Monday, April 16, 2012
Rooted and Established In Love
Ephesians really gives us a look into Paul’s prayer life, at least concerning the churches he was worked with. In Ephesians 1:15-23 Paul expresses his prayer for this church. And now in chapter 3, verses 14-21, he continues that prayer. Here the prayer appears to have two parts; that the vessel be prepared, and then that it be filled.
The vessel that Paul refers to here is my inner being, or my spirit. When I come to Christ, it is a spiritual rebirth; and my spirit is weak and puny. God has a treasure he wants to pour into the vessel of my spirit, but it is incapable of holding it. It would be like putting an elephant into a cage designed to hold a chicken; it just would not work. So Paul prays that God would, out of the riches available to him, strengthen my spirit to the point that it would be adequate for the task. You might think of this as an episode of This Old House. The Holy Spirit shows up with all the right tools and materials and transforms the shack that was there into a mansion that is suitable as a dwelling place for God.
As the vessel of my spirit is prepared, Christ will make his home within. To be clear, Christ will live within from the moment of my salvation; he does not wait until the new house is fully completed before moving in. But as the house is remodeled, expanded and strengthened, Christ’s presence and ability to effectively work within me will grow. Rather than a strict two step process, this is more of an iterative process, or journey, that we are engaged in. As I surrender more and more in faith to him, he works to remodel the house, making it more useful, which in turn encourages me to respond with greater faith, which produces more change and effectiveness ….
As the vessel of my inner man is strengthened, and Christ fills it more and more, resulting in my becoming rooted and established in his love, the next step is to work at understanding the scope of Christ’s love. To know how wide, long, high and deep something is to understand what its limits are. So what are the limits of Christ’s love? Obviously there are none; except maybe for that person who cut me off in traffic this morning. And maybe those dirty stinky guys in robes shooting at our soldiers in Afghanistan. And maybe those Democratic (or Republican) leaders who are destroying our country. And maybe the guy who killed 77 children in Norway. And maybe …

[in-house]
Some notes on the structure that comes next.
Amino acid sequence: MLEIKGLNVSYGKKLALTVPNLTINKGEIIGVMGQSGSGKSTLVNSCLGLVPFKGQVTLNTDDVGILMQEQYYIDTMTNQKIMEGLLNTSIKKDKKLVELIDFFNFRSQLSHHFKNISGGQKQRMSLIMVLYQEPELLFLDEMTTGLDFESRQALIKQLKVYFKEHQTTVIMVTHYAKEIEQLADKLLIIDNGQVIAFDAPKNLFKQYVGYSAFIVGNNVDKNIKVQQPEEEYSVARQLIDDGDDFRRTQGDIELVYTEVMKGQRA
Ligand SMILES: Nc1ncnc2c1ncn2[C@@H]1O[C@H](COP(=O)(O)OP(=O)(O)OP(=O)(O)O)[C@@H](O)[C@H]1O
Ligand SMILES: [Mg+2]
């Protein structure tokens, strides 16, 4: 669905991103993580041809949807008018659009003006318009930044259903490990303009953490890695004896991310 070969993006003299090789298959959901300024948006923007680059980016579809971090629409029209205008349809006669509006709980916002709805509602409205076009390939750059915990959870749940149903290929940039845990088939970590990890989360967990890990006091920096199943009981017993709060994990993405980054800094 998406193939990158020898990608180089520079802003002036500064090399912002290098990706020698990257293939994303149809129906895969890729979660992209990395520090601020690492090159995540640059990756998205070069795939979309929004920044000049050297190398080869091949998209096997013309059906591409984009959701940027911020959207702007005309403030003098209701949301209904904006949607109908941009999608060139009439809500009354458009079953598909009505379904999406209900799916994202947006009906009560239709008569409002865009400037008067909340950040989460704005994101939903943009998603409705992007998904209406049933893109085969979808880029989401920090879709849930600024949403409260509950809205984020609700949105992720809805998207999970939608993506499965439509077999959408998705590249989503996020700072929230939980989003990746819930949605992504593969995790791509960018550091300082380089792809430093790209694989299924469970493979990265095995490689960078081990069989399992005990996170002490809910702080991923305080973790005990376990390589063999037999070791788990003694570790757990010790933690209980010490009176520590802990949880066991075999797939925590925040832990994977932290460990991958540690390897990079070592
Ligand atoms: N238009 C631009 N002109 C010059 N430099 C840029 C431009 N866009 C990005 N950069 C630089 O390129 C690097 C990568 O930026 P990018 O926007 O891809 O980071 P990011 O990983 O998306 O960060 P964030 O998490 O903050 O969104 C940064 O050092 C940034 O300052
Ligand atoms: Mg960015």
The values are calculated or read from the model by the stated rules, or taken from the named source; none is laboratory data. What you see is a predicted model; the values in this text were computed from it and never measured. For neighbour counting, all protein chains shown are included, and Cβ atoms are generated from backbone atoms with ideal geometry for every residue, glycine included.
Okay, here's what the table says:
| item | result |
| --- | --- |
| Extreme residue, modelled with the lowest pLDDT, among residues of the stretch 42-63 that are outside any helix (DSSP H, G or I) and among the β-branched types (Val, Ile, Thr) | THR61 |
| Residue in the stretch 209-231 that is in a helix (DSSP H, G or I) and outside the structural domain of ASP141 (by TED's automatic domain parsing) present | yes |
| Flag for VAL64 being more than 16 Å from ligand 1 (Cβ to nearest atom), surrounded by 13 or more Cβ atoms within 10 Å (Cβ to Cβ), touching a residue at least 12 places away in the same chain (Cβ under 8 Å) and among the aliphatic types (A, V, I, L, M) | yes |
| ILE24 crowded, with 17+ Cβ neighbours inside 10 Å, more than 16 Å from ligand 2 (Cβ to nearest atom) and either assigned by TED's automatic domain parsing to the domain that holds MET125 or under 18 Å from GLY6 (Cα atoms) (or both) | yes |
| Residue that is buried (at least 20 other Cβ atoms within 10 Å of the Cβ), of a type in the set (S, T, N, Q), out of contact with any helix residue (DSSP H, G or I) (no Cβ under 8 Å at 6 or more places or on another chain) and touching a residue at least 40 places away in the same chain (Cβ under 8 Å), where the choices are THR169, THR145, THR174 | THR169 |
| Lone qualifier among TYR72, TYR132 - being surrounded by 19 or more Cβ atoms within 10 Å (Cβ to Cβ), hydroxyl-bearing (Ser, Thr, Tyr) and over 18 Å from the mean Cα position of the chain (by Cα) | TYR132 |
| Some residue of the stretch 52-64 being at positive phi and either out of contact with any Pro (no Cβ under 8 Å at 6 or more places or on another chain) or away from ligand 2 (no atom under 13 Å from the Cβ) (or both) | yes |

Christ’s love reaches out to destroy the walls or barriers that separate people; that keep us from sharing the good news of Jesus with other people in this world. And the more his love fills my life, the more I should understand that his love is for everyone. An unwillingness to take Christ’s love to some person, or class of person is a sign of immaturity in my walk with Christ. Allowing my roots to sink deeper into his love will open me more to the extent of his love and help to tear down those barriers I have erected.
Another benefit to being rooted and established in love is that you can know the unknowable. The love of Christ is beyond my ability to completely comprehend; it surpasses knowledge. But it is not beyond my ability to experience, or to know. The deeper my roots sink down, the more I experience his love in my own life. Take root in Christ’s love and allow it to become your life.
And the more I experience the unknowable love of Christ, the more I am filled with God. Paul brings us back to the metaphor of the strengthened vessel; a vessel that has been made adequate to hold all of God’s fullness. This is a task that is beyond me. But God is able to remodel this old house to make it suitable as a dwelling for himself, a house that is filled with the love of Christ.